Asian financial sector lacks sustainability leaders: study | News | Eco-Enterprise

Asian and global banks and financial services firms operating in the region have communicated their sustainability credentials more aggressively than any other industry in recent years, but consumers are skeptical of their ability to help economies. Asia’s emerging economies to move towards a more sustainable future, according to a study by media company BBC.

The week after a high-profile report sounded the alarm about Asia’s vulnerability to climate change, the BBC’s study of 1,271 consumers in Asia-Pacific (APAC) found that People want financial services companies to play a more active role in supporting more environmental and socially sustainable economies, but the sector seems to lack sustainability leadership. Only 9% of consumers believe that financial entities are leaders in terms of sustainable development.

Only 14% of consumers in the region believe that banks and financial services companies understand the need to support sustainable development, and only 11% believe that they support environmentally and socially responsible development in emerging economies.

Only 14% believe that financial actors support large companies in their sustainable development practices, and even fewer believe that they help small and medium-sized enterprises (12%) or communities (10%) to adopt sustainable practices.

Companies in the study include Indian bank ICICI, British financial services company Standard Chartered Bank, Japanese financial group Mitsubishi UFJ, US entities such as American Express, Visa, Mastercard and Japanese insurer Mitsui Sumitomo Insurance Group Holdings.

Consumer research in countries such as Australia, India, China, Malaysia, Vietnam and Singapore found that people have low trust in financial services companies and their development commitments sustainable compared to the confidence they have in other sectors, such as automotive and technology.

They are also less likely to expect financial entities to adopt sustainable working practices that can reduce damage to the planet and waste of resources. Automotive and tech brands edged out the financial sector with 87% and 79% of respondents, respectively, believing they will implement eco-friendly policies in their processes and workplace, compared to 60% of consumers who expect the same with financial companies.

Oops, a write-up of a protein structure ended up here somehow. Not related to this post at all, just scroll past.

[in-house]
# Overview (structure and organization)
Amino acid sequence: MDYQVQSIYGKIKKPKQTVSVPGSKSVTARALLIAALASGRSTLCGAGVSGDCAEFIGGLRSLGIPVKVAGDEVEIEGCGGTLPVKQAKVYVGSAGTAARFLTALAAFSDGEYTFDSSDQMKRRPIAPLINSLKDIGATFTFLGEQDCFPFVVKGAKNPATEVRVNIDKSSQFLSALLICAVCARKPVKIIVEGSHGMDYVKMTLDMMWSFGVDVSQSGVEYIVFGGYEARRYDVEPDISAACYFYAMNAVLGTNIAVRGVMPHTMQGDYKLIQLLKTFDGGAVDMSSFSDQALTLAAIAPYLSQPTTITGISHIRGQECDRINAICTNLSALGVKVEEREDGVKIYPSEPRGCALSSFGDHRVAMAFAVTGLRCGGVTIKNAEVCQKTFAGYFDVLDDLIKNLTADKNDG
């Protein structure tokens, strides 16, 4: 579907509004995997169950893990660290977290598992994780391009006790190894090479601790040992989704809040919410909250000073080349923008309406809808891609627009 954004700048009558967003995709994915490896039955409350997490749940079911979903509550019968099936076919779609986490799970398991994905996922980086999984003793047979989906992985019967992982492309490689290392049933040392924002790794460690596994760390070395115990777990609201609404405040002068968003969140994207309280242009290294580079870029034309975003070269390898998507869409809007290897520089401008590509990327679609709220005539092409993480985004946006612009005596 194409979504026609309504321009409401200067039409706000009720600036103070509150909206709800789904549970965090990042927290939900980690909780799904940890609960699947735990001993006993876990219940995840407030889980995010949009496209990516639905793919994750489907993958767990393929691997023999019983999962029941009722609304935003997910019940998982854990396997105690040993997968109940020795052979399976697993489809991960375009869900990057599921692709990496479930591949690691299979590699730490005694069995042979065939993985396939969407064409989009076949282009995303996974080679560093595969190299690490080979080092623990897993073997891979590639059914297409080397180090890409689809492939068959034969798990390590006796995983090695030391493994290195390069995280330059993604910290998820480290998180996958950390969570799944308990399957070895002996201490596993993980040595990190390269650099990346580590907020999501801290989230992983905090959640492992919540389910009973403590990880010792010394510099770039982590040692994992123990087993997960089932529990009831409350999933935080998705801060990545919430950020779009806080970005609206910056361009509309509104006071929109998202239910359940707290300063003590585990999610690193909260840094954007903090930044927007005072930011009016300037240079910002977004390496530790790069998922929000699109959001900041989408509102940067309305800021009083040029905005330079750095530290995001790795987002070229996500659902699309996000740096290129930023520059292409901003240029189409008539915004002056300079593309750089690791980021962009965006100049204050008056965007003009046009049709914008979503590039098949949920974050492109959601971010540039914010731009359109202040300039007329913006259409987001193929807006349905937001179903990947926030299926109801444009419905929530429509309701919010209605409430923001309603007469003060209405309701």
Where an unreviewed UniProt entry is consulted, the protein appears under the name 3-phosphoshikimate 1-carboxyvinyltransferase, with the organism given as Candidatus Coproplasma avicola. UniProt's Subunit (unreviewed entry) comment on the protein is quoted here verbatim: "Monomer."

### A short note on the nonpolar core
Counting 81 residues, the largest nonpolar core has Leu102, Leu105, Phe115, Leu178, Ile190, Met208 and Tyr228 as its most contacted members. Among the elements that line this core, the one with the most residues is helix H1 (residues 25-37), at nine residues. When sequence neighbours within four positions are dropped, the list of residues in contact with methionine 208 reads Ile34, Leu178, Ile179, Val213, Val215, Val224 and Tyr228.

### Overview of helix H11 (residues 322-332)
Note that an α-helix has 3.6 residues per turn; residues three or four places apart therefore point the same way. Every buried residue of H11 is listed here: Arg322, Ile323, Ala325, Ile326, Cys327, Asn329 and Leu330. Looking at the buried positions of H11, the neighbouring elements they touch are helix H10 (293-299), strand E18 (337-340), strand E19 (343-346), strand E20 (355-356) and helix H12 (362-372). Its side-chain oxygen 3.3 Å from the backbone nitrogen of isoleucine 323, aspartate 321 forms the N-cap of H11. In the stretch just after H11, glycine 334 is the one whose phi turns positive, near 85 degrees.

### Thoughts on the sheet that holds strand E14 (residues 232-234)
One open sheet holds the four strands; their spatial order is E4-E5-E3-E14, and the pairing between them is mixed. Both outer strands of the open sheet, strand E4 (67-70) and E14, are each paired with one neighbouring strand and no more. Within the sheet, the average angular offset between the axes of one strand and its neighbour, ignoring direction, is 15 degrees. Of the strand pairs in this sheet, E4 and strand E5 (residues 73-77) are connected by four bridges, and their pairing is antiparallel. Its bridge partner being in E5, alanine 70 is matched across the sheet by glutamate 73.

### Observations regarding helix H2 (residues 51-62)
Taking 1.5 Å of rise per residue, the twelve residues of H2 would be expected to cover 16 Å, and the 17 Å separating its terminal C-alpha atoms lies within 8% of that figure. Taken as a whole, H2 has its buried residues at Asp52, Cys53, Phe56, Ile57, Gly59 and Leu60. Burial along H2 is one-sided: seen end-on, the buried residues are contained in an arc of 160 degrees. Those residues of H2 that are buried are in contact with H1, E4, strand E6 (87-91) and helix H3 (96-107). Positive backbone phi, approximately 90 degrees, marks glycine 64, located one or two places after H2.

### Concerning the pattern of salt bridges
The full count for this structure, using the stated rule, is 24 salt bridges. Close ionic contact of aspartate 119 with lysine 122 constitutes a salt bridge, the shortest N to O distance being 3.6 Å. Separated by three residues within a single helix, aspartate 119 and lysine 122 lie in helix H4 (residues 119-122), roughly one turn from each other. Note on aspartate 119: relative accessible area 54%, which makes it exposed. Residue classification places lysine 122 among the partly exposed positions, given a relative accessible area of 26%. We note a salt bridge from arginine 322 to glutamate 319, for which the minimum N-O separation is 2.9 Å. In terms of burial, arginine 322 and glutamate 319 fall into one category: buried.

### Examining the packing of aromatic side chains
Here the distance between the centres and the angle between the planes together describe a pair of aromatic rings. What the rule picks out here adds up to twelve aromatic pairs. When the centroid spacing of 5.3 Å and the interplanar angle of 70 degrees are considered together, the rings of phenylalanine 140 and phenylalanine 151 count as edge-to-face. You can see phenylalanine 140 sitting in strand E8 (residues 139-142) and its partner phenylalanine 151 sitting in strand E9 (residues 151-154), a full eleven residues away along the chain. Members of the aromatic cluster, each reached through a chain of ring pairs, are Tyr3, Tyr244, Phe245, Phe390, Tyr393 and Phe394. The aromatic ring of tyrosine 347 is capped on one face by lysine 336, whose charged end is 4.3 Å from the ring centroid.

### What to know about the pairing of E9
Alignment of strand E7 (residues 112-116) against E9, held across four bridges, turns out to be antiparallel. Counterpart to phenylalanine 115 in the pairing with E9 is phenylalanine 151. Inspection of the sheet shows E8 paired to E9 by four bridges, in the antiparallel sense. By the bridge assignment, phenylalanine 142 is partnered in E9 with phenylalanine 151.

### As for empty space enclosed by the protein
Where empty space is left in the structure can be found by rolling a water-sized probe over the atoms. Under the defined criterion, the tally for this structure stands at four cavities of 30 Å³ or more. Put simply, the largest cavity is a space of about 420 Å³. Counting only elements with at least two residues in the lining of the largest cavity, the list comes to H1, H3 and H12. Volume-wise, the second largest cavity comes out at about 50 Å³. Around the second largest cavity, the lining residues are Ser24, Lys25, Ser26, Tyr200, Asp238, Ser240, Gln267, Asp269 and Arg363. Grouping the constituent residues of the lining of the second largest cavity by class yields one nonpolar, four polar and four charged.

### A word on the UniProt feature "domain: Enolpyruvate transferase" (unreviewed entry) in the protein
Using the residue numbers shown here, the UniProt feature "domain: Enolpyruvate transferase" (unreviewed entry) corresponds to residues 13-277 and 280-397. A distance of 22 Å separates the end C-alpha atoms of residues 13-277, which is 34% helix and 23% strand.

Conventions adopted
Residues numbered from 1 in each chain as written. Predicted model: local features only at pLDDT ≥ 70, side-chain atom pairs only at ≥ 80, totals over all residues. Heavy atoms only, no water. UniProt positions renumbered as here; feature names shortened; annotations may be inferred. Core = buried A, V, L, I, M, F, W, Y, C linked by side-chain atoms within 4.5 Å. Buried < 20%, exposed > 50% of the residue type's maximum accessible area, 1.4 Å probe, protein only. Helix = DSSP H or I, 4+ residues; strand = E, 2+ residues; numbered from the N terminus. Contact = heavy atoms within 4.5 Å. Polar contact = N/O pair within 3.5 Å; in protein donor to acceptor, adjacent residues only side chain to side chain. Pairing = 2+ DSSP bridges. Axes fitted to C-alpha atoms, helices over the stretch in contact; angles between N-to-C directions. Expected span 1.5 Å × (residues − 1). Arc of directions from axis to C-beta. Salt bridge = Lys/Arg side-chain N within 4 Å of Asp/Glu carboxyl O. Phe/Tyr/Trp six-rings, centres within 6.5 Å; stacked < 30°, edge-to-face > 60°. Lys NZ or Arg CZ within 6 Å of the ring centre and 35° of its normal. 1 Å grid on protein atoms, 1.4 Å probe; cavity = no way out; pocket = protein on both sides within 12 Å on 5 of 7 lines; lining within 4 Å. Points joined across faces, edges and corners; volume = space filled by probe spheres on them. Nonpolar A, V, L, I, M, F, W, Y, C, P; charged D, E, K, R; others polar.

They are also far less aware of financial brands’ sustainability efforts, despite a study by analytics firm GlobalData in May showing that Asian financial services companies communicated sustainability in corporate documents more strongly than any other industry. of the region in the era of Covid-19. Some 63% of APAC consumers surveyed were unaware of financial brands’ sustainability portfolios.

The BBC study also highlighted the dangers of greenwashing – which gives the false impression of how a company’s products are more environmentally friendly than they actually are – to the credibility of the brand. While 81% of respondents said they agreed that clearly demonstrating a commitment to sustainability adds value to a brand, more than half (57%) said they would stop buying a product they were previously loyal to if they found out it wasn’t true. its commitments to sustainable development.

In January, a group of investors worth $2.4 trillion said they suspected HSBC of greenwashing, because the bank continues to finance coal projects despite its commitment to becoming carbon neutral. Japan’s biggest banks, including MUFG, Sumitomo Mitsui Financial Group and Mizuho, ​​have rolled out high-profile climate action pledges over the past two years but continue to draw criticism for coal power financing in developing countries.

Over the past five years, no Asia-Pacific company has talked about sustainability more than Bank Rakyat Indonesia (BRI), Indonesia’s largest state-owned bank, according to research by GlobalData, but BRI is l ‘one of the country’s largest charcoal financiers and has been flagged as a deforestation risk due to its funding of commodities such as palm oil.

The study found that 79% of APAC consumers say sustainable practices and commitments are an important consideration when making purchasing decisions, and 68% are happy to pay more for brands with a strong sustainability and environmentally friendly practices.

Comments are closed.